Moving into a circular position, they bent from the waist and let their fingers “run” along the floor and through thin air. And before they made their exit, they sidekicked and flung their limbs in all directions, as if unlocking and loosening their bodies.
Weijun, in red sneakers and torn jeans, hogged the red spotlight. This no-music solo section focused on the strength and grace of the body. There was more ballet and contemporary dance vocabulary in this part of the piece. With ease, he jumped and pirouetted, posed in what looked like a bird in mid-flight, and combined both staccato and fluid movements in his upper body.
There is a scene that allowed the dancers to show their individuality; each carried a personal item – tissue paper, pillow, jacket, lipstick, and an orange - and dressed in the attire of their choice. Eden made the stage her bed and “sleep-danced” away with near-impossible elbow stands, back bends, and front splits.
In an elegant voice-led segment, poetry became music. Teresa and Kuan Nam took turns to recite the verses, in English and Mandarin, while the other dancers reacted to them.
In the male duet (Kuan Nam and Steve) that ensued, a different choreographic process took place. The dancers created their own movements using a form of contact improvisation technique. The last “touch” or movement of a dancer triggered the movement of another (dancer). Steve, who is duet-trained, took the opportunity to incorporate some “lifting” moments. Weijun joined them, but too briefly. Hopes for a male trio were dashed as he broke into another solo as the others left the stage.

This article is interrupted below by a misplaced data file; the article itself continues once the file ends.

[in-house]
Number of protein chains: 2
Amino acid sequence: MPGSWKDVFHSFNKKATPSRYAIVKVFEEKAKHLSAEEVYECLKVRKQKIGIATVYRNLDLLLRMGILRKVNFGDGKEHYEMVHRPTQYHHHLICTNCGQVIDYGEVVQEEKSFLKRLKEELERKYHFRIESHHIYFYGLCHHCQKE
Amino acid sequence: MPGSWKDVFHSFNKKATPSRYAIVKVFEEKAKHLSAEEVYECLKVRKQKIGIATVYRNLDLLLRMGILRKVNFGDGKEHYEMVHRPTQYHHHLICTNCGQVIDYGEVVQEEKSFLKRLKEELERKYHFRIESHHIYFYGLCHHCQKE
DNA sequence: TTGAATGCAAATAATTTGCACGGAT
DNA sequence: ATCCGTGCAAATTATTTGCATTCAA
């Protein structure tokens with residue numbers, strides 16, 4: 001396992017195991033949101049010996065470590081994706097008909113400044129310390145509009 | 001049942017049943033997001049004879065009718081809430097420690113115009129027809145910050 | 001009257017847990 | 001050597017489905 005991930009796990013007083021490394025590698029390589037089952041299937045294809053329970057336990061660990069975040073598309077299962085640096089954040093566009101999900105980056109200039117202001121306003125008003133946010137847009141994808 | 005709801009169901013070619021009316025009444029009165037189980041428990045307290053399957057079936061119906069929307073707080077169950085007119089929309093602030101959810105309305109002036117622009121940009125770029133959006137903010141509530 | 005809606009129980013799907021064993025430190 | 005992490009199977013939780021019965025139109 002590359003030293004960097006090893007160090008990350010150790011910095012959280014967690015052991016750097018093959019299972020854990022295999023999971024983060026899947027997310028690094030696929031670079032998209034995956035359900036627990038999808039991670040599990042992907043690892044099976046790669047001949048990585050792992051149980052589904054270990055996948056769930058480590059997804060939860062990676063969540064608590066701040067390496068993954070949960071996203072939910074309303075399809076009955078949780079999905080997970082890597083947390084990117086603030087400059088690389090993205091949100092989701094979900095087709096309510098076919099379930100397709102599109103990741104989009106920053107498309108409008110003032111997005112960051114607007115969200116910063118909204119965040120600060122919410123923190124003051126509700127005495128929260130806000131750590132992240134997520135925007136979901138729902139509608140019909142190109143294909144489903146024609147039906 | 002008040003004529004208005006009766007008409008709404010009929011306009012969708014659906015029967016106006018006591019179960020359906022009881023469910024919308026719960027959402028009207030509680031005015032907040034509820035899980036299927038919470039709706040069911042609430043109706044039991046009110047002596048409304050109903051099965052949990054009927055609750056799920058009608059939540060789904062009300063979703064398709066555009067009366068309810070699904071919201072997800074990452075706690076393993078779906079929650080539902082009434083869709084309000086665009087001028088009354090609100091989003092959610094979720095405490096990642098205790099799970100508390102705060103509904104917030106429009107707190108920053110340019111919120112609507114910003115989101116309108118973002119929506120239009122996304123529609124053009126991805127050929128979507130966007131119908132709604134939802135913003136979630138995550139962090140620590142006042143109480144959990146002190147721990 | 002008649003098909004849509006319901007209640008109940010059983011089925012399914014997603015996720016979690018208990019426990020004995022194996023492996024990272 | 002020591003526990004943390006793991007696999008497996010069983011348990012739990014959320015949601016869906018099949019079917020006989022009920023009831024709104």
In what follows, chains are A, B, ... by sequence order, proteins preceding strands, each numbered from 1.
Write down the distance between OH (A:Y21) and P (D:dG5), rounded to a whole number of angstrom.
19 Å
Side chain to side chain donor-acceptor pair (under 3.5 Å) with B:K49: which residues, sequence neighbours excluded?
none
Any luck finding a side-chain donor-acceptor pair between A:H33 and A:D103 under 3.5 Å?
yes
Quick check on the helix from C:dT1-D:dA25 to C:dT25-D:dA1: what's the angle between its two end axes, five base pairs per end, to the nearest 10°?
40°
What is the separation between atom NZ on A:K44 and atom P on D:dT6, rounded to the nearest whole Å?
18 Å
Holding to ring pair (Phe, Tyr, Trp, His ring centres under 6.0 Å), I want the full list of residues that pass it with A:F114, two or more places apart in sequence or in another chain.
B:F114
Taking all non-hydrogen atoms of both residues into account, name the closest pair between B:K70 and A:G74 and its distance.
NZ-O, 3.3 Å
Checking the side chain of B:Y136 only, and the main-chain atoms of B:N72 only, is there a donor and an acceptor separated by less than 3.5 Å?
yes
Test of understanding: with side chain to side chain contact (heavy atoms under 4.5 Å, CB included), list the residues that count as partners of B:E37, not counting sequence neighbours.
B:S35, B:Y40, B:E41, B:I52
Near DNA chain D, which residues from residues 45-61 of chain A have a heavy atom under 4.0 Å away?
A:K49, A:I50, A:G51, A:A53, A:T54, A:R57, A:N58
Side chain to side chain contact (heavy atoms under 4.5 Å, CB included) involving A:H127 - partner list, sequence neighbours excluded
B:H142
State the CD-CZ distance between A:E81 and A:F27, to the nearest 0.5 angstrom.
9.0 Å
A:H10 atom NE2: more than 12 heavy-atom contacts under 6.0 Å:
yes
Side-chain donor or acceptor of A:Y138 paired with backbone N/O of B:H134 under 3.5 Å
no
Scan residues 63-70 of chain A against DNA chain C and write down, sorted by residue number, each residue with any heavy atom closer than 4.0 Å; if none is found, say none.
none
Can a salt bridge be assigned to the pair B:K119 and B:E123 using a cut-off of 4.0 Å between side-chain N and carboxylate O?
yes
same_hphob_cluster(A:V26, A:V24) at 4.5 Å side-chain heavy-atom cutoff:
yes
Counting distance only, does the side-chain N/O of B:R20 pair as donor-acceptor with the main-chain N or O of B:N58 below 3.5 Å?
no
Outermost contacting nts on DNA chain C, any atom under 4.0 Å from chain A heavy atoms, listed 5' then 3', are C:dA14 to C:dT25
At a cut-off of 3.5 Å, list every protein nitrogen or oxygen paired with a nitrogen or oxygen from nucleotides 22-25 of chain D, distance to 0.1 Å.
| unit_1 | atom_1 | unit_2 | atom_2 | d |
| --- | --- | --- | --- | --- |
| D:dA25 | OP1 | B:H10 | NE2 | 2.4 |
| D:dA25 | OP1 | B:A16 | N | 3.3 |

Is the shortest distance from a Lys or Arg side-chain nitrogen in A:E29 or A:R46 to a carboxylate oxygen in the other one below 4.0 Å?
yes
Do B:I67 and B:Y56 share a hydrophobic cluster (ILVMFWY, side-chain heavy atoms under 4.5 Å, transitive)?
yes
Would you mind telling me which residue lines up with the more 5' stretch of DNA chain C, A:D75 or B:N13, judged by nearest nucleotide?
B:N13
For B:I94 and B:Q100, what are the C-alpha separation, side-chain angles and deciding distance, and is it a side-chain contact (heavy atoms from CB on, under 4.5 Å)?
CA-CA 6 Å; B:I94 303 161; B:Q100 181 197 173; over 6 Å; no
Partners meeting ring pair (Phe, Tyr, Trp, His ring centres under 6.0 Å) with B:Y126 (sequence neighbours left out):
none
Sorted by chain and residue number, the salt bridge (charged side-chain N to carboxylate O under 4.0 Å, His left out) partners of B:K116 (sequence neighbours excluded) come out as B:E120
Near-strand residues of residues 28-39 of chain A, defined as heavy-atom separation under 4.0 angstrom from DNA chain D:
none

In interspersing homo- and heterosexual pairing, the dancers played tug-of-war until Loke, the fifth dancer, entered and introduced imbalance and entanglement into the sequence. The music then broke down like a broken record and the bodies contorted to that.
Finally, the dance ended with the same hip hop sequence that it began with. As simple and straightforward as it looked, marrying hip hop and contemporary dance, if not done properly, could have disastrous results.Their union in EN-BODY-MEN was smooth, giving birth to what Weijun called a “pop contemporary dance”.